Thanks for the memory: Irish crest ware souvenirs

Published in 20th-century / Contemporary History, Features, Issue 3 (May/June 2012), Volume 20

When the figures of Red Riding Hood were offered to dealers, Dublin retained the red cloak but Cork went green.

When the figures of Red Riding Hood were offered to dealers, Dublin retained the red cloak but Cork went green.

As souvenirs, the greatest quantities of crest ware or Goss ware (after the main manufacturer, Adolphus Goss) bear the names and heraldic crests of major cities or well-known seaside resorts. The market developed with the advance of railways, and especially leisure time for workers, and the notion of holidays. Thus Irish crest ware is rarer than English or Scottish, reflecting the limited areas of tourism and the money available for non-essentials. Irish crest ware also reflects interesting aspects of our history, such as the change of some names after 1921—Maryborough into Portlaoise, or Kingstown into Dún Laoghaire. There is interest in heraldic town and royal coats of arms and crests. Tullamore, without an ancient crest to call its own, created one using the icons of wolfhound, round tower and harp, while Fermoy and Lismore commissioned pieces bearing the crest of the dominant landlord family. Unionists in Bray could have miniature cups with a crown wreathed in shamrocks. And when the figure of Red Riding Hood was offered to dealers, Dublin retained the red cloak but Cork went green. The First World War stimulated sales, with new miniatures such as battleships, bombs and tanks. Former garrison towns and military bases provided a large customer base, as Mrs O’Connor found in her china rooms in Kildare.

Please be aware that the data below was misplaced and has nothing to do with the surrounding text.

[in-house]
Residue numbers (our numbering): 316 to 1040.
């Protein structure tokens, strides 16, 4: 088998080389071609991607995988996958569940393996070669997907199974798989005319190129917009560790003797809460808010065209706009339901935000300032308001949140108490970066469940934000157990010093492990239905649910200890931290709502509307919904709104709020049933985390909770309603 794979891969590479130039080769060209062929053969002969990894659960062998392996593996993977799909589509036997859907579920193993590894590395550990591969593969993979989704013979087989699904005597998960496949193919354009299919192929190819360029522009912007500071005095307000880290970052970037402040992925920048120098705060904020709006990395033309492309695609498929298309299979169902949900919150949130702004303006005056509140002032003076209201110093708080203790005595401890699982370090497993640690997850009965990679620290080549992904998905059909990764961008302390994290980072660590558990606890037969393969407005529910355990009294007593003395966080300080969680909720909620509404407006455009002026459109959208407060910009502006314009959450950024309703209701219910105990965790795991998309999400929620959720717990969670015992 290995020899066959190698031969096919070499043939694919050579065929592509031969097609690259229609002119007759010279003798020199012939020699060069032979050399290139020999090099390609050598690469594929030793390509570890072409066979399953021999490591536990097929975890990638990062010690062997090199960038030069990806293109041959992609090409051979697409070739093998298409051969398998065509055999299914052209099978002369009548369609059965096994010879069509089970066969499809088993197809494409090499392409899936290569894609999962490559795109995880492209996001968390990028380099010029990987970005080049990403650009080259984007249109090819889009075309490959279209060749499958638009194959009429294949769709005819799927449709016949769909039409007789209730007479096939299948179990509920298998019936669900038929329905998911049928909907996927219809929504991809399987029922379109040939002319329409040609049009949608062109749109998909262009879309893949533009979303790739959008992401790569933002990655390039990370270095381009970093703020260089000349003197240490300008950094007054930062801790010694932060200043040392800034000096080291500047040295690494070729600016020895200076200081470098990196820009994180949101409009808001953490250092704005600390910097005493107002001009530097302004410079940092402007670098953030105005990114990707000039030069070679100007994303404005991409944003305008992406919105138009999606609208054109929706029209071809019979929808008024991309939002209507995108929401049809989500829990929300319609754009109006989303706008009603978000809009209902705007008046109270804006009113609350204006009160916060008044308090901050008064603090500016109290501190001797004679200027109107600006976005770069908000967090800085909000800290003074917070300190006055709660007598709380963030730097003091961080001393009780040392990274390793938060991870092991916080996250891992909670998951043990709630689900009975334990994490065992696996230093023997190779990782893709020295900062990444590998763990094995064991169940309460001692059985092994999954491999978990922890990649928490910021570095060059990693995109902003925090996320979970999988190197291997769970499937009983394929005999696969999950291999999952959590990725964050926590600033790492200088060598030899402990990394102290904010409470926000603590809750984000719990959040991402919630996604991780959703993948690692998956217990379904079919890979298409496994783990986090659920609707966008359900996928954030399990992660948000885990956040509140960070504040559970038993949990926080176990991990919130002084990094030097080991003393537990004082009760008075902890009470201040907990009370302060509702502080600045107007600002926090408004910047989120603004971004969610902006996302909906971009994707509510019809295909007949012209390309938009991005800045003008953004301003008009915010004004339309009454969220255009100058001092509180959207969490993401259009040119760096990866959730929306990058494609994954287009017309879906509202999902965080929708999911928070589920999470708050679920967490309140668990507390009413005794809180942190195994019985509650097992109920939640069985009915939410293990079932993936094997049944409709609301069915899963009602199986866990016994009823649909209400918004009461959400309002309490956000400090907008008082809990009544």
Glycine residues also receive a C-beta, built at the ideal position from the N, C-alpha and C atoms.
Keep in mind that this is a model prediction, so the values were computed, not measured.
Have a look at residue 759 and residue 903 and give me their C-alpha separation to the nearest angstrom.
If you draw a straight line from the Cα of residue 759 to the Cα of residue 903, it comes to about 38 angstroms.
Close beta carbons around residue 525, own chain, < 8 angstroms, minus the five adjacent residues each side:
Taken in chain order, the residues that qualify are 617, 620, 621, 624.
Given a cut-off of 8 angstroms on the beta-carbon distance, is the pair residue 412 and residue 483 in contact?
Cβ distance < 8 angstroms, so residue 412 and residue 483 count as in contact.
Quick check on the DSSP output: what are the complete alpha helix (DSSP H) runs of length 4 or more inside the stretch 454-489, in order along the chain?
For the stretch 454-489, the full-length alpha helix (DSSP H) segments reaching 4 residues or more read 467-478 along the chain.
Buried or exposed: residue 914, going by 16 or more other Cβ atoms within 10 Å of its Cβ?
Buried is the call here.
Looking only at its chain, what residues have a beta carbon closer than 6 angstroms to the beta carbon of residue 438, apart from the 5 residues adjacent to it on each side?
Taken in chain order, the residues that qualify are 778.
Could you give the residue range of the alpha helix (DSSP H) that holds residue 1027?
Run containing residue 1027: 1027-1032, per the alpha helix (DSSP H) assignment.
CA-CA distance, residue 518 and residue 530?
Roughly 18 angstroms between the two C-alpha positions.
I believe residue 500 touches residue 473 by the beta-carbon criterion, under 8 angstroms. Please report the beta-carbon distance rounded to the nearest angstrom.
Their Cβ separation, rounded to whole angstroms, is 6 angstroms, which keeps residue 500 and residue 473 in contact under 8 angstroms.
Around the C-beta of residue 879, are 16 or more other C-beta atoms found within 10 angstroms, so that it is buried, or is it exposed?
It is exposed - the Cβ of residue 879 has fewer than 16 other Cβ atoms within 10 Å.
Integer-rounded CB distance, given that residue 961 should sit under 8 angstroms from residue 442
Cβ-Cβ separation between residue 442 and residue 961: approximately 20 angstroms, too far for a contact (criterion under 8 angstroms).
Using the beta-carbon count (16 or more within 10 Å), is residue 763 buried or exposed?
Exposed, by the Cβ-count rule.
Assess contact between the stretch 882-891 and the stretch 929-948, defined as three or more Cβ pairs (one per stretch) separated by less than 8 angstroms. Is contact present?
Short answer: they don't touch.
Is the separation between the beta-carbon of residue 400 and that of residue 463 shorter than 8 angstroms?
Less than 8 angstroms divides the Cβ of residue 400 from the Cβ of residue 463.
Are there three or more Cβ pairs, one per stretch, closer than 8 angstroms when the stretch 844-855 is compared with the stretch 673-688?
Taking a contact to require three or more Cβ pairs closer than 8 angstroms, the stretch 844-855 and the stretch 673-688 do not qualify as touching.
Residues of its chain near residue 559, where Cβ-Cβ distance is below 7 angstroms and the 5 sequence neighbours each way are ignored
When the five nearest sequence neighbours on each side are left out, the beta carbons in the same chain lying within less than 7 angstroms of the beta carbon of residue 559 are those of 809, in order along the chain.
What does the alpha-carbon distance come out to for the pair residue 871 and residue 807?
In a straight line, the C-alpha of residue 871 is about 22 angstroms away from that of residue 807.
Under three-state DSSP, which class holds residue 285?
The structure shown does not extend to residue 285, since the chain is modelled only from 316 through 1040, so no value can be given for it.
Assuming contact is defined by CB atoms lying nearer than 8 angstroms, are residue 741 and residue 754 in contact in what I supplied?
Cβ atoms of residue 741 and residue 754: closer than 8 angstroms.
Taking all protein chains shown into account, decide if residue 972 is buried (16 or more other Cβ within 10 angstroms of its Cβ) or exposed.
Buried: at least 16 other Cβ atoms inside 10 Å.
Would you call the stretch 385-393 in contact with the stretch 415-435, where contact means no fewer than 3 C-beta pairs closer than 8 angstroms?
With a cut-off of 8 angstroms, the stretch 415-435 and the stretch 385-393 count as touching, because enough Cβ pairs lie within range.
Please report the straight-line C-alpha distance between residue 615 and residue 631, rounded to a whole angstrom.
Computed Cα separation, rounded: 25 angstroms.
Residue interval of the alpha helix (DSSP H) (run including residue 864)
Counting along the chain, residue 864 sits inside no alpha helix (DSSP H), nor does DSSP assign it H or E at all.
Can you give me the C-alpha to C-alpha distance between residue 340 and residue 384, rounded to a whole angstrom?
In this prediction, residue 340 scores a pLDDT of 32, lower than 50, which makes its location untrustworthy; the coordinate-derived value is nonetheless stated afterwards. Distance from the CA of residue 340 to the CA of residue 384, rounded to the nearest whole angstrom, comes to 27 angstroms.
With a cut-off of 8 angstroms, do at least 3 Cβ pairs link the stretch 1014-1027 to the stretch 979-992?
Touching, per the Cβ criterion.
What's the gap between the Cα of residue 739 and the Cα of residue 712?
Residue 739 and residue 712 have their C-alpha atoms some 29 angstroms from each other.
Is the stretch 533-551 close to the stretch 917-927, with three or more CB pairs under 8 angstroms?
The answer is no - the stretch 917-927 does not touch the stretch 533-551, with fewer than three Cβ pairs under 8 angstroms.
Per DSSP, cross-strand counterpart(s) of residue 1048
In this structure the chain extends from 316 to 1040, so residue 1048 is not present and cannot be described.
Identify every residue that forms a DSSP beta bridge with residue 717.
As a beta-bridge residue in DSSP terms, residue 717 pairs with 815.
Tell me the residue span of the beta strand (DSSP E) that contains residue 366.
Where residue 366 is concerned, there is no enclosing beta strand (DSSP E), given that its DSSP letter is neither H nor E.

The First World War stimulated sales of new miniatures, such as these battleships for Antrim and Tipperary, and a Zeppelin for Kildare.

The First World War stimulated sales of new miniatures, such as these battleships for Antrim and Tipperary, and a Zeppelin for Kildare.

‘Matching’ is a term given to a bust, device or monument that matches the crest location, like a round tower for Glendalough. Some links will always be a mystery. Why Monaghan on a bust of General John French, viceroy 1918–21 (he claimed links with Roscommon)? The variety of shapes is amazing, usually vases or jugs but also sewing machines, cameras, caricatures, pots and pans, dogs, ducks, lions and footballs. Manufactured mainly in the Potteries district of Staffordshire, local sellers would order shapes through catalogues or travelling salesmen. The manufacturer would trace the coat of arms, or accept a seller’s device. Goss was most particular about accuracy and you couldn’t buy a piece of his crest ware unless you went to the place represented by that crest. The largest quantity of Irish crest ware comes from east Ulster, but Dublin, Cork and Killarney occur regularly. Midland towns are very hard to find, and items from Longford, Roscommon, Cavan and Leitrim rarer still.

Battleships for Antrim and Tipperary

Battleships for Antrim and Tipperary

Disruption of trade during the 1920s, dislocation of travel and tourism and the departure of British garrisons took their commercial toll. By the mid-1930s crest ware had had its day as holiday souvenirs and, like John Redmond with the harp of Ireland under him, it came to look old-fashioned and from a world gone by.  HI
John Stocks Powell is the retired librarian of York Minster Library and has written extensively on the history of Portarlington.

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